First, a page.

Virginia recorded 125 fatal occupational injuries in 2021, a marginal increase from 118 in 2020. Occupational injuries affect not only those affected but also the well-being of their families. If you have been injured in a workplace incident caused by someone else’s negligence or recklessness, you may be entitled to compensation for your losses following a personal injury lawsuit.
Personal injury cases feature two main types of liability: premise liability and general liability. Premise liability pertains to situations where an individual is injured on someone else’s property due to unsafe or hazardous conditions. General liability, on the other hand, covers incidents where an individual is injured due to the actions of another person, such as in a car accident. Let’s explore the differences between premises liability and general liability in more detail.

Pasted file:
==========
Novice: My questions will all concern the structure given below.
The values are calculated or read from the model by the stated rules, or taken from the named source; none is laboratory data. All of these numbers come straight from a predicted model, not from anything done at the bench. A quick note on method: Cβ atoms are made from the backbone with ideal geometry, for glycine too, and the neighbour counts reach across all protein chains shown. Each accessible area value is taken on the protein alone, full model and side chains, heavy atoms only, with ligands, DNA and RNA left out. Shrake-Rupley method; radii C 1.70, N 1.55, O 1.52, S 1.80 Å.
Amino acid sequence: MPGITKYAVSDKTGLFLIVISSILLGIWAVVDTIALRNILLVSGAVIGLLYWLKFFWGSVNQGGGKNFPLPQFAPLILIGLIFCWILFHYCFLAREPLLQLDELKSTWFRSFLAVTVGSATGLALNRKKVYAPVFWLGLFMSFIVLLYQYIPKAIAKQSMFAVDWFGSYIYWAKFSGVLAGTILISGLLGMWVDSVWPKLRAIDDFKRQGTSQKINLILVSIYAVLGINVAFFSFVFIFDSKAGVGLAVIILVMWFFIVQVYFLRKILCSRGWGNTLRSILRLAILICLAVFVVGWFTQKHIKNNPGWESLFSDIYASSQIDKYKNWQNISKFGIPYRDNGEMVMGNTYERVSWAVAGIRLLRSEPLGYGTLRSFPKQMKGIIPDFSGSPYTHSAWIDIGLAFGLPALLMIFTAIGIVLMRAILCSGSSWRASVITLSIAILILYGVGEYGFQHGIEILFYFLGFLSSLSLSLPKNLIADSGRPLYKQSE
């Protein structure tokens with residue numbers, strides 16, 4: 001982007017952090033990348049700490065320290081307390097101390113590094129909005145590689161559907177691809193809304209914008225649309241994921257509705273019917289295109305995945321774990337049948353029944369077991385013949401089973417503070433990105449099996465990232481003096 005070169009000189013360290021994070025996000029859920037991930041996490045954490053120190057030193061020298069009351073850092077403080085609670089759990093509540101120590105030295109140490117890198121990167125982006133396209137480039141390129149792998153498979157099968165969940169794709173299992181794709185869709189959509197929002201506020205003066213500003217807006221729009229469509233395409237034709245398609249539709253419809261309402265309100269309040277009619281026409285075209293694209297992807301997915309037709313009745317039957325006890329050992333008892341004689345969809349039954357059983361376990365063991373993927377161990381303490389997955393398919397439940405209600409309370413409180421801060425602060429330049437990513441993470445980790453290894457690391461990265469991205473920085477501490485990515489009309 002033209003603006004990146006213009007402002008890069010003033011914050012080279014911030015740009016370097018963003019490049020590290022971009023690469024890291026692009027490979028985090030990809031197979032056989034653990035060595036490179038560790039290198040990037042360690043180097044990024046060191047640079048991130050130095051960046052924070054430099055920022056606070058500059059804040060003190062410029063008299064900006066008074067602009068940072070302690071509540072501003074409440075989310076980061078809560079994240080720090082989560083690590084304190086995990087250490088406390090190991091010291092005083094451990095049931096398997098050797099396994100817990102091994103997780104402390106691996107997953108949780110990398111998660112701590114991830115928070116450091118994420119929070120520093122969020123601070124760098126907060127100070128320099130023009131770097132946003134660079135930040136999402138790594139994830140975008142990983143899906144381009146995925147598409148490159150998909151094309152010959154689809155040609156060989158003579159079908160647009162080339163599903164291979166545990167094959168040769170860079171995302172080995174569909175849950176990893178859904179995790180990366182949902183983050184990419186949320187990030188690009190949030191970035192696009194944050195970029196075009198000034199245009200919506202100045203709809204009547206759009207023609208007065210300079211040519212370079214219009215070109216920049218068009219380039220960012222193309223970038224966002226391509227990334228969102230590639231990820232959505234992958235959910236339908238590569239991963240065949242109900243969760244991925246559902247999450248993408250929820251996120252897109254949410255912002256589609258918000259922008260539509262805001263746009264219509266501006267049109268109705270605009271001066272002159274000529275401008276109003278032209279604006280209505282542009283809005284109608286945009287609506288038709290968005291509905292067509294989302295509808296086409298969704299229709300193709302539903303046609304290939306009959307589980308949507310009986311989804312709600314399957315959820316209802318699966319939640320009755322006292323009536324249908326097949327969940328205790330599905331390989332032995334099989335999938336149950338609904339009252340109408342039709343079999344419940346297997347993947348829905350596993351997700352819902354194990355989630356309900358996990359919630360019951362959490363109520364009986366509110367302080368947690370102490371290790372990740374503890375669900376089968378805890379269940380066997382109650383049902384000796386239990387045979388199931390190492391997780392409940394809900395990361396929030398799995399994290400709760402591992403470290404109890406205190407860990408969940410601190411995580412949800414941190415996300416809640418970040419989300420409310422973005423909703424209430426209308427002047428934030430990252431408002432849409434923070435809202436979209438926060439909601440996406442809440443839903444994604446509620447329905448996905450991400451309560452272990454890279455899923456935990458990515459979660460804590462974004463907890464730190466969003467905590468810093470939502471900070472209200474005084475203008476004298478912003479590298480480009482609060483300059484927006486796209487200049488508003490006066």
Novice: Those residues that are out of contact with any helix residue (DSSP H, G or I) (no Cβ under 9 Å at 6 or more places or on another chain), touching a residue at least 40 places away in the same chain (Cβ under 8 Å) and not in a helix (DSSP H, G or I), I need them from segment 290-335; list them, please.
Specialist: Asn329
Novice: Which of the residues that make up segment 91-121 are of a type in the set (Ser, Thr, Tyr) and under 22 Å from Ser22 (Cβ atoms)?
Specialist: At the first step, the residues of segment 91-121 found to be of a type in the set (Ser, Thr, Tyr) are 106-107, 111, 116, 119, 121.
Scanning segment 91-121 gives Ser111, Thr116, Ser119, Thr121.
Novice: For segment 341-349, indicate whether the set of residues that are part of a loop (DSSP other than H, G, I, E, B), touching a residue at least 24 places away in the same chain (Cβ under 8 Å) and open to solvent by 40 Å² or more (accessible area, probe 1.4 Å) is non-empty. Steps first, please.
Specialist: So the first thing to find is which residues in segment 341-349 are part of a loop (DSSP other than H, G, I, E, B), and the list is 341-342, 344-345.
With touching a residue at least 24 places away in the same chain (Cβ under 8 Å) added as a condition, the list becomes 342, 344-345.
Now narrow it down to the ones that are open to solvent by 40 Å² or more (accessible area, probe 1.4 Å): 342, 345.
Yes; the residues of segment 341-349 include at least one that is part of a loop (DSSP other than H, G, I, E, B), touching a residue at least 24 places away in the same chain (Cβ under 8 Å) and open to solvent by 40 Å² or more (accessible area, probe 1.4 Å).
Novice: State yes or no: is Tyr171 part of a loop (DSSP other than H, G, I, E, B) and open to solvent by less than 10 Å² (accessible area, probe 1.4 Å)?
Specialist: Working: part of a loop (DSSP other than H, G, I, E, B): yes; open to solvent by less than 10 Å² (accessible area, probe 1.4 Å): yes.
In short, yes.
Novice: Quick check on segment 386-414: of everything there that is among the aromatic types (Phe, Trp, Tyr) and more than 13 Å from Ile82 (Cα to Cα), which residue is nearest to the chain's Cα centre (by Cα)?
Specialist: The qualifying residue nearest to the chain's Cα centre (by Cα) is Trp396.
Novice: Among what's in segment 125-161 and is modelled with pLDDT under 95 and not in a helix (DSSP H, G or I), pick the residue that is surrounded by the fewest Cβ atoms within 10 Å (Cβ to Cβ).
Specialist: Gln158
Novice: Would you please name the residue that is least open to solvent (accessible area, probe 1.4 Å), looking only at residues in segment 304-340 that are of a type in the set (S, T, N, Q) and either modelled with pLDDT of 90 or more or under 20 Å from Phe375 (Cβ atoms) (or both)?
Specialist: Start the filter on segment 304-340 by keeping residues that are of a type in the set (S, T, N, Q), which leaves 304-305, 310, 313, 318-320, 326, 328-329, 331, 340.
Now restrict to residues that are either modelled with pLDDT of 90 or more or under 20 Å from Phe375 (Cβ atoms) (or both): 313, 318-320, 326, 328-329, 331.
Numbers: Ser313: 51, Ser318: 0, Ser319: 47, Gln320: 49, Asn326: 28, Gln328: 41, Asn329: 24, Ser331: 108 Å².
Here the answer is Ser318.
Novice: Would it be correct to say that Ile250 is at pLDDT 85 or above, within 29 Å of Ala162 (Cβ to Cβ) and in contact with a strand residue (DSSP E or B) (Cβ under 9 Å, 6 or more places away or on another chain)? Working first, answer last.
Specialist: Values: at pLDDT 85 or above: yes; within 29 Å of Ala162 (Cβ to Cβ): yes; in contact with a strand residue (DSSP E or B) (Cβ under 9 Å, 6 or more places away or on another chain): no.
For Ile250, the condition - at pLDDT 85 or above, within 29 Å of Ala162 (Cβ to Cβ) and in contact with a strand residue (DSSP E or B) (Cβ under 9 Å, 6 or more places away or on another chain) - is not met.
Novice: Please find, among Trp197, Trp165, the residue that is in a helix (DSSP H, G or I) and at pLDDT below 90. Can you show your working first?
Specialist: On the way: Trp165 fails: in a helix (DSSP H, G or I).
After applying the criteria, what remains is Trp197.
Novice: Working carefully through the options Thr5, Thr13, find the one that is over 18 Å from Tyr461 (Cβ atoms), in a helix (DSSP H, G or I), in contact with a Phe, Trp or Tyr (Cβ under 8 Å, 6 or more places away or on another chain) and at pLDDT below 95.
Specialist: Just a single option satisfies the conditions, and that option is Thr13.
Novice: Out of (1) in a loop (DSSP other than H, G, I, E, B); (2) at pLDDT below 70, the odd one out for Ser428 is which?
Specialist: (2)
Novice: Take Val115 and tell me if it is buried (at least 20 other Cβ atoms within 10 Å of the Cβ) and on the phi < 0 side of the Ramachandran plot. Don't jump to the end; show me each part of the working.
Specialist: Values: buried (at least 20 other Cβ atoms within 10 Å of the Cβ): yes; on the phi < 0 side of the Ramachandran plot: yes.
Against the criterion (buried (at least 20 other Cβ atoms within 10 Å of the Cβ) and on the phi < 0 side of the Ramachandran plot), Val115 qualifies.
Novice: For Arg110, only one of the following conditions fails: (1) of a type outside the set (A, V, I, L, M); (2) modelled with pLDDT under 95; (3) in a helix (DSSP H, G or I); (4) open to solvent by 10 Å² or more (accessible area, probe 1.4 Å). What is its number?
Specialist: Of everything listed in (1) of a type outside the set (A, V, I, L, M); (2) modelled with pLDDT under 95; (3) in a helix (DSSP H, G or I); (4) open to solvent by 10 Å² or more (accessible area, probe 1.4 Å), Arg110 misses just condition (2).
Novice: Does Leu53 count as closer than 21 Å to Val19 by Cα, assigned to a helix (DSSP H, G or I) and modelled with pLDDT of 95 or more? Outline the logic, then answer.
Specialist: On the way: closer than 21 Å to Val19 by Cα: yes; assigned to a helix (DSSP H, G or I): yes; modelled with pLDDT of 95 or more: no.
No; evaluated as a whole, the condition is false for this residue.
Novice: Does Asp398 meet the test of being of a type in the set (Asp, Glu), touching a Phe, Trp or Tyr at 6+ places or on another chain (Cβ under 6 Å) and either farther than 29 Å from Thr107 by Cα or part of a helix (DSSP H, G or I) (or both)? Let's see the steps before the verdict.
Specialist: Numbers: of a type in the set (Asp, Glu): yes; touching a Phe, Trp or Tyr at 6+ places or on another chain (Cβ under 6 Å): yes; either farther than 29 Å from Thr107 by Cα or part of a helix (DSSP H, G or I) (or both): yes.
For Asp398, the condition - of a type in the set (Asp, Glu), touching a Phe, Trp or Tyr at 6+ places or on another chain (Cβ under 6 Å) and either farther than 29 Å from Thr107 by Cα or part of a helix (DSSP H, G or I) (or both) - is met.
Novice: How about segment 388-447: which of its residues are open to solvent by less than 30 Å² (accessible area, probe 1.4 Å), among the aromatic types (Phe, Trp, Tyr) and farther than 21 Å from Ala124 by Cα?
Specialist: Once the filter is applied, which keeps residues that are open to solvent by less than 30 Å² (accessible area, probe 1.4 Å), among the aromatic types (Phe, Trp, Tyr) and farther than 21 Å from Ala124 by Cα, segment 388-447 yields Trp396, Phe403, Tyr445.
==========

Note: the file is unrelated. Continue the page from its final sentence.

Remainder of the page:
Is Premise Liability the Same as General Liability?
As mentioned earlier, you might have a legal right to financial compensation after an occupational injury. Whether you pursue a premise or general liability claim depends on who was responsible for the accident.
Let’s look at the differences between premises liability and general liability:
Premise liability occurs when you are injured on someone else’s property due to a hazardous condition that exists on the property. Under federal, state, and local laws, property owners and managers are obligated to maintain reasonably safe premises and warn the public of any unsafe conditions under certain situations. Whenever property owners neglect this duty, people can suffer catastrophic injuries and even fatalities, giving rise to premise liability claims. Premise liability accidents can happen at restaurants, shopping malls, retail stores, grocery stores, and private properties.
Types of Premise Liability Claims
Premise liability incidents may arise due to the following: